Serve warm with any toppings you love. My family loves to top them with peanut butter and sliced banana, but you can also serve them with maple syrup or fresh strawberries.
Leftover waffles can be stored in an airtight container in the fridge for up to a week, or you can freeze them for up to 3 months. Feel free to make a double batch as part of your meal prep routine!
Substitutions & Common Questions
Can I make this recipe vegan? Yes, you can replace the egg in this recipe with a flax egg, or add in 2 tablespoons of arrowroot starch as an egg replacement. I’ve actually made this recipe once by simply forgetting the egg, and the waffles still turned out edible, but not quite as crispy. Keep in mind that classic-style waffle irons are MUCH more forgiving than a Belgian-style waffle maker. The thicker the waffle is, the more difficult it is to achieve crispy results.
Can I use a different oil? If you prefer not to use coconut oil, you can use melted butter instead, or try olive oil or another neutral-flavored oil. For a lower fat waffle, you can swap pumpkin puree for the oil, but the waffles will turn out much softer with that substitution. \
Don’t have baking powder on hand? You can use a 1/2 teaspoon of baking soda plus 1 teaspoon of apple cider vinegar as a replacement.
Looking for more gluten-free breakfast ideas? Try vegan buckwheat pancakes, almond flour waffles, or sweet potato breakfast hash.
Buckwheat waffles are naturally gluten-free, without requiring any special ingredients. They are the perfect make-ahead breakfast that you can pop in the toaster!
Plug in your electric waffle iron so it can start to preheat. It should be ready to go by the time you mix the waffle batter. In a large bowl, combine the buckwheat flour, baking powder, and salt and whisk well to break up any clumps.
Add in the egg, coconut oil, maple syrup, vanilla extract, and water and whisk again. The batter will look very runny at first, but it will thicken up in about 60 to 90 seconds of mixing.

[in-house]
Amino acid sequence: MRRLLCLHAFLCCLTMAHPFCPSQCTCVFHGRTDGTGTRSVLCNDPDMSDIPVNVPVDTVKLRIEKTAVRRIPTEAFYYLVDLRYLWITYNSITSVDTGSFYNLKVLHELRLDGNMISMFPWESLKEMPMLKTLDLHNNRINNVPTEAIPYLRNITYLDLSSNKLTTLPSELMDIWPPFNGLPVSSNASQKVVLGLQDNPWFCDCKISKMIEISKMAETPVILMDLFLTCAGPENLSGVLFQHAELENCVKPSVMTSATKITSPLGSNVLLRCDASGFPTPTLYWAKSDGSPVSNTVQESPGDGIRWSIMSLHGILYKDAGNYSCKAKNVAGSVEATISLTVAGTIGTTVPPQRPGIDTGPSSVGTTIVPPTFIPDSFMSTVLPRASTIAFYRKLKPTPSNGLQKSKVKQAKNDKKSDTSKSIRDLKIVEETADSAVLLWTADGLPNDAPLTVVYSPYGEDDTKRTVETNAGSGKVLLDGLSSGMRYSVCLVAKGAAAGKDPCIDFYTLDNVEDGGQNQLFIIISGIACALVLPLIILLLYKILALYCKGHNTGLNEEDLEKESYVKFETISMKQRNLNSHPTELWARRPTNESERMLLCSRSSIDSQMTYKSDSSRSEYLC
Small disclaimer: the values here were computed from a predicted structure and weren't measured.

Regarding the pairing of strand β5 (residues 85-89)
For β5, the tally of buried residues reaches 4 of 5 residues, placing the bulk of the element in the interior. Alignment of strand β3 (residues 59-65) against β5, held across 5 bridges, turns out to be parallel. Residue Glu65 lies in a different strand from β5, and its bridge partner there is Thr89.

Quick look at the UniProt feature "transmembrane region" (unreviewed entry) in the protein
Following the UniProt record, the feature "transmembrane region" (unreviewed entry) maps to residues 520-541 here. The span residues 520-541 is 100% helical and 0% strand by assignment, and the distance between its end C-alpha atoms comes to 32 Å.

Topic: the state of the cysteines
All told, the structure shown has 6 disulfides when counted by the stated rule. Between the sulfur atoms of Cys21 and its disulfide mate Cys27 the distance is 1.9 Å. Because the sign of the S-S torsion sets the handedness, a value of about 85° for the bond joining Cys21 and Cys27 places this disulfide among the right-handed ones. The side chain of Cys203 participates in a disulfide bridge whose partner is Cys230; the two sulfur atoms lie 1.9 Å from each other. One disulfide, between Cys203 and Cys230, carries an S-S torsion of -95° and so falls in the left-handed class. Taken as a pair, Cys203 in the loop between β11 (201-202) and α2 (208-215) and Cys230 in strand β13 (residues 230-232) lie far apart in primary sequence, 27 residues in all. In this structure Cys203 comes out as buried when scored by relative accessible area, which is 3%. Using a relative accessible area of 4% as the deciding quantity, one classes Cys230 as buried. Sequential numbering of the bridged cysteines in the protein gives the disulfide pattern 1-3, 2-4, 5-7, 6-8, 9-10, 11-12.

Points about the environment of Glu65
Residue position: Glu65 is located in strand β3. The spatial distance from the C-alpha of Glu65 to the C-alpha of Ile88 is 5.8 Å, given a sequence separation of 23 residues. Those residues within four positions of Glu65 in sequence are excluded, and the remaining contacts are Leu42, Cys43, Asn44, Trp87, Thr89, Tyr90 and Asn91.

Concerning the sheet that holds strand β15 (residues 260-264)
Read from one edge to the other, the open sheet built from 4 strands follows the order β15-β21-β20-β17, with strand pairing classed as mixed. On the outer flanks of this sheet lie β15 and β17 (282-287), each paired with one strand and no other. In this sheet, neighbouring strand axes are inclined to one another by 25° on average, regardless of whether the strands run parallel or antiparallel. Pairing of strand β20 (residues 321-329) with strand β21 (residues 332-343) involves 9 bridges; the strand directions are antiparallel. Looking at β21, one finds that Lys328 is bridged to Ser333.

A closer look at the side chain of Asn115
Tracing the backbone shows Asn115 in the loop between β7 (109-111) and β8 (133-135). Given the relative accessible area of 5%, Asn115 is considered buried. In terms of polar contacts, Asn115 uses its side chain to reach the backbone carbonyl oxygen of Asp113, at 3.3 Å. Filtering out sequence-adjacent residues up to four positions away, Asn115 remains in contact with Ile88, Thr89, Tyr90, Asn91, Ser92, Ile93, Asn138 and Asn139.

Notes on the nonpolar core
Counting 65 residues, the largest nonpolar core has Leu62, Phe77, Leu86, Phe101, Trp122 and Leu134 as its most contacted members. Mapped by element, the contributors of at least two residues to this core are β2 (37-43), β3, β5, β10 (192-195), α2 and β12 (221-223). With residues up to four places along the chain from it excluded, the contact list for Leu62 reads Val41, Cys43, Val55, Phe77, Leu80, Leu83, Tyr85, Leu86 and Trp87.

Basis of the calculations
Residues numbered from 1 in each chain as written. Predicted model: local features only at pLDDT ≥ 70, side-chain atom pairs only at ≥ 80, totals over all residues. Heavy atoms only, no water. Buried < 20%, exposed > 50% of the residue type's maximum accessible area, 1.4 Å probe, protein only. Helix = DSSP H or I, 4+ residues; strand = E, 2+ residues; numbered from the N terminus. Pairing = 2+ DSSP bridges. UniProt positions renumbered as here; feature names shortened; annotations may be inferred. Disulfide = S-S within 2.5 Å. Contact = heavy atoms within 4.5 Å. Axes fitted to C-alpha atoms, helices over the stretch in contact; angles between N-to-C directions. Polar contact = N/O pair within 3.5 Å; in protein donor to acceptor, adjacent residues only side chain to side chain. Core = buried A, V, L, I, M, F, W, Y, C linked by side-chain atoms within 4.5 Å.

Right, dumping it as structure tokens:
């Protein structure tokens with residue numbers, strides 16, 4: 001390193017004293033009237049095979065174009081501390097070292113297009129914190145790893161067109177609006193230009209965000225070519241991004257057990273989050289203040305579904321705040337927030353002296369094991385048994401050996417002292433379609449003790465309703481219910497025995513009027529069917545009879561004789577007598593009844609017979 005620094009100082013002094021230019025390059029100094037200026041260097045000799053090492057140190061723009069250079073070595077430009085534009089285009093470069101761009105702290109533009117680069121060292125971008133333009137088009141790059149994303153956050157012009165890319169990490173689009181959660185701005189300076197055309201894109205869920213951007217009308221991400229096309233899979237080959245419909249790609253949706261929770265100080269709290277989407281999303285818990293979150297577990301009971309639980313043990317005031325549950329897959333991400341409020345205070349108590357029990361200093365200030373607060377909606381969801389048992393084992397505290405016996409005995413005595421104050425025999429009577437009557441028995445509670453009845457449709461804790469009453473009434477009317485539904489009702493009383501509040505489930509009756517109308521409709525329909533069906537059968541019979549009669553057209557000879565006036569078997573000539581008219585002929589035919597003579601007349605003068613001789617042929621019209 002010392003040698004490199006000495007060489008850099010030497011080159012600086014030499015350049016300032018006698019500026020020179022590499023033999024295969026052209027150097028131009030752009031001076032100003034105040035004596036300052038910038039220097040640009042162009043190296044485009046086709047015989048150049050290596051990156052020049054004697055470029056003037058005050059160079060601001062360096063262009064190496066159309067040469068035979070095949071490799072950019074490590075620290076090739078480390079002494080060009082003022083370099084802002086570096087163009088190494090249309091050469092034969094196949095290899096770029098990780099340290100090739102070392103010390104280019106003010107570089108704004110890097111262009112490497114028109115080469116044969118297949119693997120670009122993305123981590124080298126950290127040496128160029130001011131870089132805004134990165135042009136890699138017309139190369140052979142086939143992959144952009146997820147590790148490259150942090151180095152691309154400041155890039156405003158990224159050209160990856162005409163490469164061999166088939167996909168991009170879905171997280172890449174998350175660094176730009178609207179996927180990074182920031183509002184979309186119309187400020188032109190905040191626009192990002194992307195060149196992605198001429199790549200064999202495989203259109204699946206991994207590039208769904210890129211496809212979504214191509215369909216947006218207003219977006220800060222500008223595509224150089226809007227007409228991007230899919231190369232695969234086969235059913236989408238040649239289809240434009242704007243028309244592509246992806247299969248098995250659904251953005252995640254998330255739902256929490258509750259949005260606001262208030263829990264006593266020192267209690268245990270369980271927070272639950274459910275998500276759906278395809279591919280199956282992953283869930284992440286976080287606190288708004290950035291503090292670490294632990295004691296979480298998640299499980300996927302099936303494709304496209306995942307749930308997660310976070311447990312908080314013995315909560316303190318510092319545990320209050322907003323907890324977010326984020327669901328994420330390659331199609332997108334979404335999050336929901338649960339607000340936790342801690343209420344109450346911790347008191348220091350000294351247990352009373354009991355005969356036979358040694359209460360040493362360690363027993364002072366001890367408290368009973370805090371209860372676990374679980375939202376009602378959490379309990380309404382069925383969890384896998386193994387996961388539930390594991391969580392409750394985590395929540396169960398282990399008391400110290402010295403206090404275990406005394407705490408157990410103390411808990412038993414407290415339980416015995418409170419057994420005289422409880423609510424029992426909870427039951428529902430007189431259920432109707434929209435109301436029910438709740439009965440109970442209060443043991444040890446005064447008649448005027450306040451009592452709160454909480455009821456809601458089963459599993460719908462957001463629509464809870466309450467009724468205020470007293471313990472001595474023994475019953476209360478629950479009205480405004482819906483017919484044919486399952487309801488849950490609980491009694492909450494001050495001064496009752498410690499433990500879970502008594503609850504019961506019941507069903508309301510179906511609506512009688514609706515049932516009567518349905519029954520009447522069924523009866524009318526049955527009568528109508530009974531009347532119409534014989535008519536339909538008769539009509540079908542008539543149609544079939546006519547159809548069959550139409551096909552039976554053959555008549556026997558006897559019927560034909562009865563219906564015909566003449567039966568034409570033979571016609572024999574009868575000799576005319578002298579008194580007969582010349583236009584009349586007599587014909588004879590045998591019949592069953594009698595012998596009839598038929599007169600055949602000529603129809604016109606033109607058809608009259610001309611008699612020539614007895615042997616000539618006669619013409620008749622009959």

Once the waffle iron is ready, spray it with oil and add a 1/2 cup of batter into the center of the plates. Close the waffle iron and let it cook until the “ready” light goes on, letting you know the waffle is done. Depending on how crispy you like your waffles, you may want to let the waffle cook for an additional 1 to 2 minutes after the ready light signals the waffle is done.
Use a fork to carefully remove the cooked waffle, then add another 1/2 cup of batter to the waffle iron and cook the next waffle. Repeat until all of the batter is gone, making 4 classic-size waffles in total. (This size is thin enough to fit in a toaster; see the notes below for a Belgian waffle maker.)
Serve the waffles warm with your favorite toppings. Leftovers can be stored in an airtight container in the fridge for up to 1 week, or you can freeze them for up to 3 months. You can reheat directly from frozen in your toaster, for a fast morning.
- Nutrition information is for 1 of 4 classic waffles. This information is automatically calculated, and is just an estimate, not a guarantee.
- If you have a Belgian waffle maker, you’ll need to use 3/4 cup to 1 cup of batter per waffle. In this case, the waffles will be much larger and you’ll only get 2 waffles from this batch.
- To make this recipe vegan, you can replace the egg with a flax egg or 2 tablespoons of arrowroot starch.
- Buckwheat flour comes in both dark (unhulled) and light (hulled) colors. For the best flavor, look for a light-colored buckwheat flour. Or you can make your own by grinding buckwheat groats in a coffee grinder or high-speed blender.
Calories: 263kcal, Carbohydrates: 29g, Protein: 5g, Fat: 16g, Saturated Fat: 12g, Polyunsaturated Fat: 1g, Monounsaturated Fat: 2g, Trans Fat: 0.01g, Cholesterol: 47mg, Sodium: 317mg, Potassium: 315mg, Fiber: 3g, Sugar: 7g, Vitamin A: 68IU, Calcium: 76mg, Iron: 2mg
If you try this buckwheat waffles recipe, please leave a comment and star rating below letting me know how you like it.